The pathological processes underlying Parkinson's disease (PD) involve more than dopamine cell loss within the midbrain. These non-dopaminergic neurotransmitters include noradrenergic, serotonergic, glutamatergic, and cholinergic systems within cortical, brainstem and basal ganglia regions. Several non-dopaminergic treatments are now in clinical use to treat motor symptoms of PD, or are being evaluated as potential therapies. Agents for symptomatic monotherapy and as adjunct to dopaminergic therapies for motor symptoms include adenosine A2A antagonists and the mixed monoamine-B inhibitor (MAO-BI) and glutamate release agent safinamide. The largest area of potential use for non-dopaminergic drugs is as add-on therapy for motor fluctuations. Thus adenosine A2A antagonists, safinamide, and the antiepileptic agent zonisamide can extend the duration of action of levodopa. To reduce levodopa-induced dyskinesia, drugs that target overactive glutamatergic neurotransmission can be used, and include the non-selective N-methyl D-aspartate antagonist amantadine. More recently, selective metabotropic glutamate receptor (mGluR₅) antagonists are being evaluated in phase II randomized controlled trials. Serotonergic agents acting as 5-HT2A/2C antagonists, such as the atypical antipsychotic clozapine, may also reduce dyskinesia. 5-HT1A agonists theoretically can reduce dyskinesia, but in practice, may also worsen PD motor symptoms, and so clinical applicability has not yet been shown. Noradrenergic α2A antagonism using fipamezole can potentially reduce dyskinesia. Several non-dopaminergic agents have also been investigated to reduce non-levodopa-responsive motor symptoms such as gait and tremor. Thus the cholinesterase inhibitor donepezil showed mild benefit in gait, while the predominantly noradrenergic re-uptake inhibitor methylphenidate had conflicting results in advanced PD subjects. Tremor in PD may respond to muscarinic M4 cholinergic antagonists (anticholinergics), but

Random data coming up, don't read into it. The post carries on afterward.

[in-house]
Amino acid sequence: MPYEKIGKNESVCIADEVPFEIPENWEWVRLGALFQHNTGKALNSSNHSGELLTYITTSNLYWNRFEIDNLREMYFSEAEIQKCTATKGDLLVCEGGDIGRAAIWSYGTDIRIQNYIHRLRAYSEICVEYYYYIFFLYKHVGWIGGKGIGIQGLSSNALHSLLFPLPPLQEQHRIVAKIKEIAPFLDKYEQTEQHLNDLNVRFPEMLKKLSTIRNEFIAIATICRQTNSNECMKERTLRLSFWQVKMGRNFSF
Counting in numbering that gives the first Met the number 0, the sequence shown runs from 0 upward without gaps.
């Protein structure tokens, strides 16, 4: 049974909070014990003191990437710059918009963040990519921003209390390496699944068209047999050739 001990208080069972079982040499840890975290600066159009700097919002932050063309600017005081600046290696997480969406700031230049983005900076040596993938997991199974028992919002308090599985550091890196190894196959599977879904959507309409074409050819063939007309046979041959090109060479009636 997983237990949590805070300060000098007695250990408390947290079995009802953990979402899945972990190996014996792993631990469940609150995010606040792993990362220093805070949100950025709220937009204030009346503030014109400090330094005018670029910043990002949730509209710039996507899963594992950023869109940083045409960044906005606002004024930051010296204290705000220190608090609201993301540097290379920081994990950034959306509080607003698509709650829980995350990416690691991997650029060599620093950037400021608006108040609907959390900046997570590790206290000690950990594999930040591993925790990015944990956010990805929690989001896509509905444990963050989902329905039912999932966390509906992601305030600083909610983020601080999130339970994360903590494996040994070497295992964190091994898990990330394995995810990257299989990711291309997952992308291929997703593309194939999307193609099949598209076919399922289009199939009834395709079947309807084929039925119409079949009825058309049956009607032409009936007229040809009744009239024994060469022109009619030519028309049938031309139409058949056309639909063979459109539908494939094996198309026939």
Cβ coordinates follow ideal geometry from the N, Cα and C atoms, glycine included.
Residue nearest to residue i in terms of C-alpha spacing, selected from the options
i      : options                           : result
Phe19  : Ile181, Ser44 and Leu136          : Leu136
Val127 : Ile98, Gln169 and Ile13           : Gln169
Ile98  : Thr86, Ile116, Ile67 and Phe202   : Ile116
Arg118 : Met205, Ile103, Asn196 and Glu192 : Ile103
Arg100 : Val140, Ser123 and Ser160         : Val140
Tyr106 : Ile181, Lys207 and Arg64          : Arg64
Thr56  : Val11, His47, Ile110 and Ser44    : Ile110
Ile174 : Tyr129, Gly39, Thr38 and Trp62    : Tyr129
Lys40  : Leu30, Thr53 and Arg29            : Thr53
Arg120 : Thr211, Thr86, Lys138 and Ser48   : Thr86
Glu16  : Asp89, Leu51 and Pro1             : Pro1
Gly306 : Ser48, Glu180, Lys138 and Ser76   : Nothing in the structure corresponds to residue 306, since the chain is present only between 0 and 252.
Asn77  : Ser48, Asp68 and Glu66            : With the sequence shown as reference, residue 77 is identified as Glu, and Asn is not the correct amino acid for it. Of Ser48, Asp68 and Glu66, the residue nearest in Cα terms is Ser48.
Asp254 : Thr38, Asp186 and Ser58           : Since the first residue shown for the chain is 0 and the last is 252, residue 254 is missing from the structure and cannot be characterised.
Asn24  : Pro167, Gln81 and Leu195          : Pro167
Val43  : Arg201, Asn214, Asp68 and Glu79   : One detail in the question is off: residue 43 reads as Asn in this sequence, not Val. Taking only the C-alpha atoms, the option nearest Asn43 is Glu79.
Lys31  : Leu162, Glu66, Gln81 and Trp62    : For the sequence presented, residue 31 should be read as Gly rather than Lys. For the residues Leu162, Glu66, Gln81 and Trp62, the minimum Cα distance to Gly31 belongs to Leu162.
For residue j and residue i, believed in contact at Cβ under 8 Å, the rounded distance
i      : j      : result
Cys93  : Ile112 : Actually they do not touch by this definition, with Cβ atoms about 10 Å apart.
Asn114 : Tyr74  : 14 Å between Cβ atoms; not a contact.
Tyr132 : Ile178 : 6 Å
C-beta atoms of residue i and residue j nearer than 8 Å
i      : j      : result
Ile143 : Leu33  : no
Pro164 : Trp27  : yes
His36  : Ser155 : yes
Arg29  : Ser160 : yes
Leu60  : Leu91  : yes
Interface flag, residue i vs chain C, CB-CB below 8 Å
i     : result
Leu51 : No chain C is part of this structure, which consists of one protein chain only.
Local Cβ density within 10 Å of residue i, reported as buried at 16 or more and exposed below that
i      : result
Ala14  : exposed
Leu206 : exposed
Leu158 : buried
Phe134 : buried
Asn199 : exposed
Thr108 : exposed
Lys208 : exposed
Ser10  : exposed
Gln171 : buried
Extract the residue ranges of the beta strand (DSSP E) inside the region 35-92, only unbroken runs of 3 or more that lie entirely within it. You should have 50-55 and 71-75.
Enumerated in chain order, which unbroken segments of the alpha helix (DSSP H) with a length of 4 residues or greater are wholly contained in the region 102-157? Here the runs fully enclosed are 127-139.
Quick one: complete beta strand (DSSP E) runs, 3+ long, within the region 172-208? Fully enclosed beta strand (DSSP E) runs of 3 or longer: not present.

8. Chronic loss of noradrenergic tone produces β-arrestin2-mediated cocaine hypersensitivity and alters cellular D2 responses in the nucleus accumbens.

    Science.gov (United States)

    Gaval-Cruz, Meriem; Goertz, Richard B; Puttick, Daniel J; Bowles, Dawn E; Meyer, Rebecca C; Hall, Randy A; Ko, Daijin; Paladini, Carlos A; Weinshenker, David

    2016-01-01